You have 2 conditions whose management depends a lot on what you eat. You can definitely have one plan that meets the needs of both conditions.
The cornerstone of diabetes management is consuming the amount of carbohydrate that is right for you. The best way to determine this is to test your blood sugars before and 2 hours after the first bite of the meal. At 2 hours after the meal your blood sugar should be under 140 mg/dL (or the number that your health care provider has determined is right for you.)
Frequently this is accomplished by having a half plate of vegetables at lunch and dinner, but this needs to be modified according to your ability to avoid symptoms from the colitis. If vegetables are irritating to your system, then you may choose to fill up more on protein sources (fish, poultry, eggs, beans) and protein smoothies plus healthy fats and oils according to your personal tolerance level (avocado, olive oil, any nut butter such as almond or sun flower seed and coconut oil). The proteins and fats/oils will not raise your blood sugar.
There are a few nutritional approaches to ulcerative colitis, depending on how severe your condition is. While continuing to focus on carbohydrate control, you may want to see if you have any food sensitivities, using an elimination diet for 3 weeks. Many people with ulcerative colitis are sensitive to grains (breads, pasta, crackers, etc) and dairy products (anything made with milk). Sugar, alcohol and fast food can also cause flare-up.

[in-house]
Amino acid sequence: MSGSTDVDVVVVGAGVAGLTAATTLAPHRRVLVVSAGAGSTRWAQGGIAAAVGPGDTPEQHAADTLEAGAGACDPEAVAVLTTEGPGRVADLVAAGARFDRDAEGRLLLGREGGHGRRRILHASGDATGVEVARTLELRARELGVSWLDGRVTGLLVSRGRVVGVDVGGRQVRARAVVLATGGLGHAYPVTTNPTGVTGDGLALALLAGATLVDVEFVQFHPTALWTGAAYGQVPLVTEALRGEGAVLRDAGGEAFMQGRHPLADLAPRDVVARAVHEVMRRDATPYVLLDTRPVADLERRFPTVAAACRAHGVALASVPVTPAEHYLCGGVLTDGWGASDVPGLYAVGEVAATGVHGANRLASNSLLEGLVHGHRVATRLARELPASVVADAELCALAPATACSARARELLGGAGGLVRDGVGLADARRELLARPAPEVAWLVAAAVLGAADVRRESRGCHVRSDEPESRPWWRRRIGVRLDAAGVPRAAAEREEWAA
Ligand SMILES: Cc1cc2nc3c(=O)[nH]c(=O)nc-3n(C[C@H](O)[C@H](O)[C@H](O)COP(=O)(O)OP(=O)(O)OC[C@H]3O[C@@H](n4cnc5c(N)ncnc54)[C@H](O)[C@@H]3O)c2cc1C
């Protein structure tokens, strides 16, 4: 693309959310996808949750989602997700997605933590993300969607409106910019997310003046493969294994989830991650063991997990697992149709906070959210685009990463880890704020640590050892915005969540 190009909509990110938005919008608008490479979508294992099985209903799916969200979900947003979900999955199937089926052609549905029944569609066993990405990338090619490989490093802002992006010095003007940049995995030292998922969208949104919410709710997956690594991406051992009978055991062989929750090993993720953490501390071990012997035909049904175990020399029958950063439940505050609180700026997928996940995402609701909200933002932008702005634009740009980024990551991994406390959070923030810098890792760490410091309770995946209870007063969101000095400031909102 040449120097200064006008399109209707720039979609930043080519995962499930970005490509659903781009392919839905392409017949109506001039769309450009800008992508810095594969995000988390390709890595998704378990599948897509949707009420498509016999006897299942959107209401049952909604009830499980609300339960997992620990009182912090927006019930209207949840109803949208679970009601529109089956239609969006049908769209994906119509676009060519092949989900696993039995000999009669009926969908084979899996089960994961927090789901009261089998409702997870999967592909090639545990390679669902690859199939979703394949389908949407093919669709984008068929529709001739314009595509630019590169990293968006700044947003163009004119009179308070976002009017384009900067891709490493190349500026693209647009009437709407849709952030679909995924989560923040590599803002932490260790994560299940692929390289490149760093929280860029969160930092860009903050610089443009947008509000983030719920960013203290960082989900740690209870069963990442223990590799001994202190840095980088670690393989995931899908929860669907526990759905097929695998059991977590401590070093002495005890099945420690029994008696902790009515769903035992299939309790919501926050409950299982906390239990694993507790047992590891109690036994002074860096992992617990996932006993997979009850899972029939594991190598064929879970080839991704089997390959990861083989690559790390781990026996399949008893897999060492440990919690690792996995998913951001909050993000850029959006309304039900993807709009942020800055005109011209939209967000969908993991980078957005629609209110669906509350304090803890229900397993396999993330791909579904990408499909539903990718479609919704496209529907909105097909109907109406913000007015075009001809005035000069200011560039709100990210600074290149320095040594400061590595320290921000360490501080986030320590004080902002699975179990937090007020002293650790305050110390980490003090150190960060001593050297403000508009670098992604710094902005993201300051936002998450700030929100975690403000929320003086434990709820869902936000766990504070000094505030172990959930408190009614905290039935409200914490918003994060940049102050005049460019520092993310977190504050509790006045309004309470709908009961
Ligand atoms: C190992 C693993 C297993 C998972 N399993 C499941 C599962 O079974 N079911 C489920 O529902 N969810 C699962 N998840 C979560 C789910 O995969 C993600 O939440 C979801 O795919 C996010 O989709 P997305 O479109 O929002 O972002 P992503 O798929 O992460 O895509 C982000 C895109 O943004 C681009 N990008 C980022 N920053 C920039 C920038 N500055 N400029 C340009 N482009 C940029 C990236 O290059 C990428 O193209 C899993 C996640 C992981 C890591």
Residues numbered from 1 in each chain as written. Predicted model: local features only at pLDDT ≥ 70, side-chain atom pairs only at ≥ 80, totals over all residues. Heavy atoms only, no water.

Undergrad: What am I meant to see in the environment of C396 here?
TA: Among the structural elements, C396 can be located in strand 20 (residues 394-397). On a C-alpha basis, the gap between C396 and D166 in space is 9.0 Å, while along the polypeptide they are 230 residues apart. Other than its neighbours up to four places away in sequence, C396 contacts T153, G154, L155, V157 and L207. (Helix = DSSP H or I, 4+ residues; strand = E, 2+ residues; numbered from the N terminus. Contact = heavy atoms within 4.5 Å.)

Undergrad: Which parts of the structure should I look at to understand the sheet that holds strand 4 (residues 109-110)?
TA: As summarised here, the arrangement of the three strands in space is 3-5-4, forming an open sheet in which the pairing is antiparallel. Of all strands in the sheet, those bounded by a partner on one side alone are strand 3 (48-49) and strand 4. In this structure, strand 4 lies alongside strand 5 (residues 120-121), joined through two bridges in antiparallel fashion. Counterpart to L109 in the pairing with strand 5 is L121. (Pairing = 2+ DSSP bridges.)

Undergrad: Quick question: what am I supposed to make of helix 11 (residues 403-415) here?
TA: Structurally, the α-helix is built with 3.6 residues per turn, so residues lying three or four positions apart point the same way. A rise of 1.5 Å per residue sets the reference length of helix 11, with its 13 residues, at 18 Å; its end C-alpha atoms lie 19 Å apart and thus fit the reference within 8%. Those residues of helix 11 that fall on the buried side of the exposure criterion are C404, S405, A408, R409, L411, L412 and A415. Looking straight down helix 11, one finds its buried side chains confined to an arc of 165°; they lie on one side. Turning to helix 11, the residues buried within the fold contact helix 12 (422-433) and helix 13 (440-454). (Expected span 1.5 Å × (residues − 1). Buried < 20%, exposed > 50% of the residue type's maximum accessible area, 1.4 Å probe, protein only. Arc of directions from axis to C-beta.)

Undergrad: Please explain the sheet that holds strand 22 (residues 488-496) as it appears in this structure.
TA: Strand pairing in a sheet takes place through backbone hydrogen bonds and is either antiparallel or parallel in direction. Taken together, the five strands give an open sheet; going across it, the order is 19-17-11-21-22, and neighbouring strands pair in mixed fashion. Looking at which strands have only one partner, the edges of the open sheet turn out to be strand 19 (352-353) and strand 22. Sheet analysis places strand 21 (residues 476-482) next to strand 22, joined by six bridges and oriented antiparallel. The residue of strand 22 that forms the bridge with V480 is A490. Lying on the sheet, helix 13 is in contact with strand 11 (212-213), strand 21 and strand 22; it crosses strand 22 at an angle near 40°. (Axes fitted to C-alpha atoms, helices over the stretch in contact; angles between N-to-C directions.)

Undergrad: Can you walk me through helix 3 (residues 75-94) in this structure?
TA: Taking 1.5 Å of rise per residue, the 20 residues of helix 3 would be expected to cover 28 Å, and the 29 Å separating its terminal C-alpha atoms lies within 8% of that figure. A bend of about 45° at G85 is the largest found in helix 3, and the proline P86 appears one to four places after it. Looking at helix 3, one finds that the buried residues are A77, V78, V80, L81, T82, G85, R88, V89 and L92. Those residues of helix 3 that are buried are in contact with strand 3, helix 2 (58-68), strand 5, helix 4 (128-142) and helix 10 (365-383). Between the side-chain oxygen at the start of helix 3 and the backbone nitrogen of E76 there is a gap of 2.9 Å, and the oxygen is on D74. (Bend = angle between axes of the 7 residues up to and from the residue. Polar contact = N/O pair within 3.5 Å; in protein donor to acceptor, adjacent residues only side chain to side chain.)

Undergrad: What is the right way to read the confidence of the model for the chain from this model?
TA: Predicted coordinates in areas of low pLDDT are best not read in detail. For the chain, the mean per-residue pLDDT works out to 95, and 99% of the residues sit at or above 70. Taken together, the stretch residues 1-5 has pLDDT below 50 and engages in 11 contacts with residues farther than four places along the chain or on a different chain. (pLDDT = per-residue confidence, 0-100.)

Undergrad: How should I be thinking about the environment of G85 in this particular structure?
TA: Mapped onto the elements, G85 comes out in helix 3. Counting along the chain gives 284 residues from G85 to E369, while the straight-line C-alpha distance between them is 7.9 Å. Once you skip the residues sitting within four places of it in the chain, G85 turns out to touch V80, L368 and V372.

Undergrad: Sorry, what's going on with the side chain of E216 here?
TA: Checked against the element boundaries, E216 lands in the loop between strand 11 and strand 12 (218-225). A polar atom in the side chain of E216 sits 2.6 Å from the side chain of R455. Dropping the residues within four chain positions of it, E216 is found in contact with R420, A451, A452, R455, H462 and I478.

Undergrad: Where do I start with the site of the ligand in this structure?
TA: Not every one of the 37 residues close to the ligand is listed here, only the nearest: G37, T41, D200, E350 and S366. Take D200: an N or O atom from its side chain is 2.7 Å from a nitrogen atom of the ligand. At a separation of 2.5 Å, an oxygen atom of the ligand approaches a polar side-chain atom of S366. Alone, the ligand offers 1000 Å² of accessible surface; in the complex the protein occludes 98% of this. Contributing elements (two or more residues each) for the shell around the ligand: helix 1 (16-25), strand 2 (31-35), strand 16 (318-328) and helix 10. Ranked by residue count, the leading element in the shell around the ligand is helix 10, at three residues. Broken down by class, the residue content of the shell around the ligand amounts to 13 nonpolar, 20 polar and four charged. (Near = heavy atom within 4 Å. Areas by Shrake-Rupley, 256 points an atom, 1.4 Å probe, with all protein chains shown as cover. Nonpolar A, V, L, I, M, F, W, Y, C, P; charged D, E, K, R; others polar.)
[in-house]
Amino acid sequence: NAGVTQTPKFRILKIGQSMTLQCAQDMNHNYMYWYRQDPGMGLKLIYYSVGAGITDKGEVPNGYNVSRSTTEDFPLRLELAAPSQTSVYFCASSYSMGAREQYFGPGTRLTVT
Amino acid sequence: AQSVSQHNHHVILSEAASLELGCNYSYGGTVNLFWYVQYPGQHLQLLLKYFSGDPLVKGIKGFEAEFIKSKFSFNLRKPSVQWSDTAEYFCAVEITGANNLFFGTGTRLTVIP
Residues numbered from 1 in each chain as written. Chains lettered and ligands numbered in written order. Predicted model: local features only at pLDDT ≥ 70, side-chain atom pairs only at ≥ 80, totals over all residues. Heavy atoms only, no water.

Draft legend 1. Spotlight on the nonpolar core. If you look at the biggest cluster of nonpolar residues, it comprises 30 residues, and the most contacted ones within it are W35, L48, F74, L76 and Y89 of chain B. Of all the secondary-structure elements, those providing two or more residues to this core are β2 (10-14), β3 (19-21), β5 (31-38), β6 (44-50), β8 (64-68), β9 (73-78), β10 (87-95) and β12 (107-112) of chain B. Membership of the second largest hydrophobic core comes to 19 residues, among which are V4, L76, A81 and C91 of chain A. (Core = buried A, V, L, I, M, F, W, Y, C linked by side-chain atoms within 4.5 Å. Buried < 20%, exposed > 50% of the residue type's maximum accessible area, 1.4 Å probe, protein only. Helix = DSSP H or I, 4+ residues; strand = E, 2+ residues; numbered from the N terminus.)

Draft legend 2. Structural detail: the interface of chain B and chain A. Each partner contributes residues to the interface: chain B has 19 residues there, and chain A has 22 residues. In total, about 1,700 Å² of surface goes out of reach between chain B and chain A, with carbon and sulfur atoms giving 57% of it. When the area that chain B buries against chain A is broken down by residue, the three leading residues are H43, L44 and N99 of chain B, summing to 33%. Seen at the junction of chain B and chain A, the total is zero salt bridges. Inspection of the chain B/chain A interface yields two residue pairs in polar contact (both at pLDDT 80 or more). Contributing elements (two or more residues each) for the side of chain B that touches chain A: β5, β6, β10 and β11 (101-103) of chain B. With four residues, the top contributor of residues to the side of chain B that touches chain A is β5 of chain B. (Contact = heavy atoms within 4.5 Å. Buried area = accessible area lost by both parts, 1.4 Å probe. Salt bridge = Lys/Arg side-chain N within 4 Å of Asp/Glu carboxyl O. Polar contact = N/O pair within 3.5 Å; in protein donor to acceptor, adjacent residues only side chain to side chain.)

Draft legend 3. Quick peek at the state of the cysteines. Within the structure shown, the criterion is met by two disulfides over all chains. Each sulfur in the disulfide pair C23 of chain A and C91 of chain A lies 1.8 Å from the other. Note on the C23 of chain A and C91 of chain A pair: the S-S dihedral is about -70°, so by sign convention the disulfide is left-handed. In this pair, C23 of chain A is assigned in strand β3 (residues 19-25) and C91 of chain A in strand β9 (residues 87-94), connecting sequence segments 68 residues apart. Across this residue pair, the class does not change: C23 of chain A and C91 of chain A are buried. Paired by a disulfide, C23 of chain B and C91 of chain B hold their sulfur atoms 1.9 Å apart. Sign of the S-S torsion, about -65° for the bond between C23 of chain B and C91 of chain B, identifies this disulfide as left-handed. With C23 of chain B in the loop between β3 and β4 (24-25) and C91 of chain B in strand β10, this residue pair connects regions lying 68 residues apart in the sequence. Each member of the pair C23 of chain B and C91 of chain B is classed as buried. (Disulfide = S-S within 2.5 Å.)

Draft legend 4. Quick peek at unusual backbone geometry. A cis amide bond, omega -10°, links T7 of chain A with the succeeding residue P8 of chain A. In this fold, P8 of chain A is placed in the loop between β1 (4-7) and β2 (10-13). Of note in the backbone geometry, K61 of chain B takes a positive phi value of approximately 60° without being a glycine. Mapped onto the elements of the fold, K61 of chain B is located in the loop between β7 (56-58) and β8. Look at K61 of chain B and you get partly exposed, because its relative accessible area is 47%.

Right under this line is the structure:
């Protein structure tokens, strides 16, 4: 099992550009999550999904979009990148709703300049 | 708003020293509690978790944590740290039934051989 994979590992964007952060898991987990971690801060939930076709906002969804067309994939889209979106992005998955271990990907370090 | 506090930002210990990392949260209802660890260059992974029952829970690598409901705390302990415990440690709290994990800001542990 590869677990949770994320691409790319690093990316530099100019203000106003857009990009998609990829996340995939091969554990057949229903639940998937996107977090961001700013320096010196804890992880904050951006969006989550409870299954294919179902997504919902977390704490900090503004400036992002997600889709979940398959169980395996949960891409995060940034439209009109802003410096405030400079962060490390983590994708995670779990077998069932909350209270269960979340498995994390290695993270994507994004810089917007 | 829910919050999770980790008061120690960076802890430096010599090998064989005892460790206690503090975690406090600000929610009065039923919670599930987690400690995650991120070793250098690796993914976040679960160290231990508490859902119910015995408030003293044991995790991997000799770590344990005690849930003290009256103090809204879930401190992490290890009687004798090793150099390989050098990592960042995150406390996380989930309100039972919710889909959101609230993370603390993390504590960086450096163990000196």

You may want to read The Inside Tract by G. Mullin, MD and K Smith, RD to help guide you onto the right path for managing both conditions. After reading the book, you will be able to ask the right questions that will enable you to find the right practitioner to work with. Click here to find a registered dietitian near you.
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